[0031] Benefits, other advantages, and solutions to problems have been described above with regard to specific embodiments. However, the benefits, advantages, solutions to problems, and any element(s) that may cause any benefit, advantage, or solution to occur or become more pronounced are not to be construed as a critical, required, or essential features or elements of any or all the claims. As used herein, the terms “comprises,” “comprising,” or any other variation thereof, are intended to cover a non-exclusive inclusion, such that a process, method, article, or apparatus that comprises a list of elements does not include only those elements but may include other elements not expressly listed or inherent to such process, method, article, or apparatus.

Referenced by
Citing PatentFiling datePublication dateApplicantTitle
US8145262Jun 24, 2005Mar 27, 2012Pine Valley Investments, Inc.Multimode land mobile radio
US8194682Aug 7, 2006Jun 5, 2012Pine Valley Investments, Inc.Multiple protocol land mobile radio system
US8279868 *May 17, 2005Oct 2, 2012Pine Valley Investments, Inc.System providing land mobile radio content using a cellular data network
US8359066Mar 20, 2012Jan 22, 2013Pine Valley Investments, Inc.Multimode land mobile radio
US8406168Mar 13, 2009Mar 26, 2013Harris CorporationAsymmetric broadband data radio network
US8547996 *Dec 18, 2006Oct 1, 2013Sap AgSelf learning performance optimized data transfer via one or several communication channels between systems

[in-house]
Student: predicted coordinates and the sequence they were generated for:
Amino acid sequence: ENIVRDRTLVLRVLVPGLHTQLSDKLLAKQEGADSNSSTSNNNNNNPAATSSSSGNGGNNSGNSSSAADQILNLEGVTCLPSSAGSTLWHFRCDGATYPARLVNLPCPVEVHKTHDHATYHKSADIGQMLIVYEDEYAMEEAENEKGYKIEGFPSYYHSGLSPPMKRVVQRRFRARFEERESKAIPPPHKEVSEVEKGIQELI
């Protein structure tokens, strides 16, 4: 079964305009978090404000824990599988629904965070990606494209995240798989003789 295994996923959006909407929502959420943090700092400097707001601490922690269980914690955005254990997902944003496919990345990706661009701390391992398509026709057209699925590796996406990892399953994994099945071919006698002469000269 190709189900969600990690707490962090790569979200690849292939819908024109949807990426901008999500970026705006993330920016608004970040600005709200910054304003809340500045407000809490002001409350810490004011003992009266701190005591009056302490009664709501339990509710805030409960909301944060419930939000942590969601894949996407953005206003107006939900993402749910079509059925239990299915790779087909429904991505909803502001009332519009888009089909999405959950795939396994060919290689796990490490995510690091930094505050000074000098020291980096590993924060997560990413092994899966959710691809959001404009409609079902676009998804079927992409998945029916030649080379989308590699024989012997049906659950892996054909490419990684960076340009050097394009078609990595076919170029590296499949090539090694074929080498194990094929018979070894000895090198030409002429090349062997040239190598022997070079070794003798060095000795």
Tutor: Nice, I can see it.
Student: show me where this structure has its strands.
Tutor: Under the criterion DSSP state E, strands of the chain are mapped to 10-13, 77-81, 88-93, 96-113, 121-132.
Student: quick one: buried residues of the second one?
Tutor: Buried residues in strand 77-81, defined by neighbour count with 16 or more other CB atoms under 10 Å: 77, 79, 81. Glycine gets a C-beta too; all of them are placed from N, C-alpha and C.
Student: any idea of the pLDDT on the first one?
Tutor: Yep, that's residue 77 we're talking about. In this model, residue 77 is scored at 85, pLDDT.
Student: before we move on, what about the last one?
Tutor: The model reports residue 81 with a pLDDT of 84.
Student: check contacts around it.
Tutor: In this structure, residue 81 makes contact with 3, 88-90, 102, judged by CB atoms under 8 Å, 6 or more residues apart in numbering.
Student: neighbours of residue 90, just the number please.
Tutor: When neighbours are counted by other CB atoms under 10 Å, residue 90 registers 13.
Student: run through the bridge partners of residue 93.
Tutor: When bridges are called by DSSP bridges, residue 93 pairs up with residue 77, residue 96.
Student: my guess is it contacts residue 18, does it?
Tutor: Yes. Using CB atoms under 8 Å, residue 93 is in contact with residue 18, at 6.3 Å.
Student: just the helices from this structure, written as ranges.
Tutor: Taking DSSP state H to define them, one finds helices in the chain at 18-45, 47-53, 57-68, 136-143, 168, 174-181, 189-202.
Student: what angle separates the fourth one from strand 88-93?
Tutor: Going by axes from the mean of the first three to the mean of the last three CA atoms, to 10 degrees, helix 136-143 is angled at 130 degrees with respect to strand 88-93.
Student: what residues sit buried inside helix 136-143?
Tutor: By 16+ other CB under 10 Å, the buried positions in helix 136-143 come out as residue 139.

EP1566914A2 *Jan 5, 2005Aug 24, 2005Siemens AktiengesellschaftMethod to improve the quality of a voice transmission over an air interface
WO2008155743A2 *Jun 20, 2008Dec 24, 2008Nokia CorpApparatus, method and computer program memory medium providing efficient signaling of rach response
Classifications
U.S. Classification370/466, 370/419
International ClassificationH04L12/56, H04L1/00, H04L29/06, H04L12/28, H04W28/06
Cooperative ClassificationH04W28/06, H04L1/007
European ClassificationH04W28/06
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Aug 21, 2012ASAssignment
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Dec 13, 2010ASAssignment
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Free format text: ASSIGNMENT OF ASSIGNORS INTEREST;ASSIGNORS:SPEAR, STEPHEN;GUPTA, SANJAY;REEL/FRAME:012781/0518;SIGNING DATES FROM 20020327 TO 20020402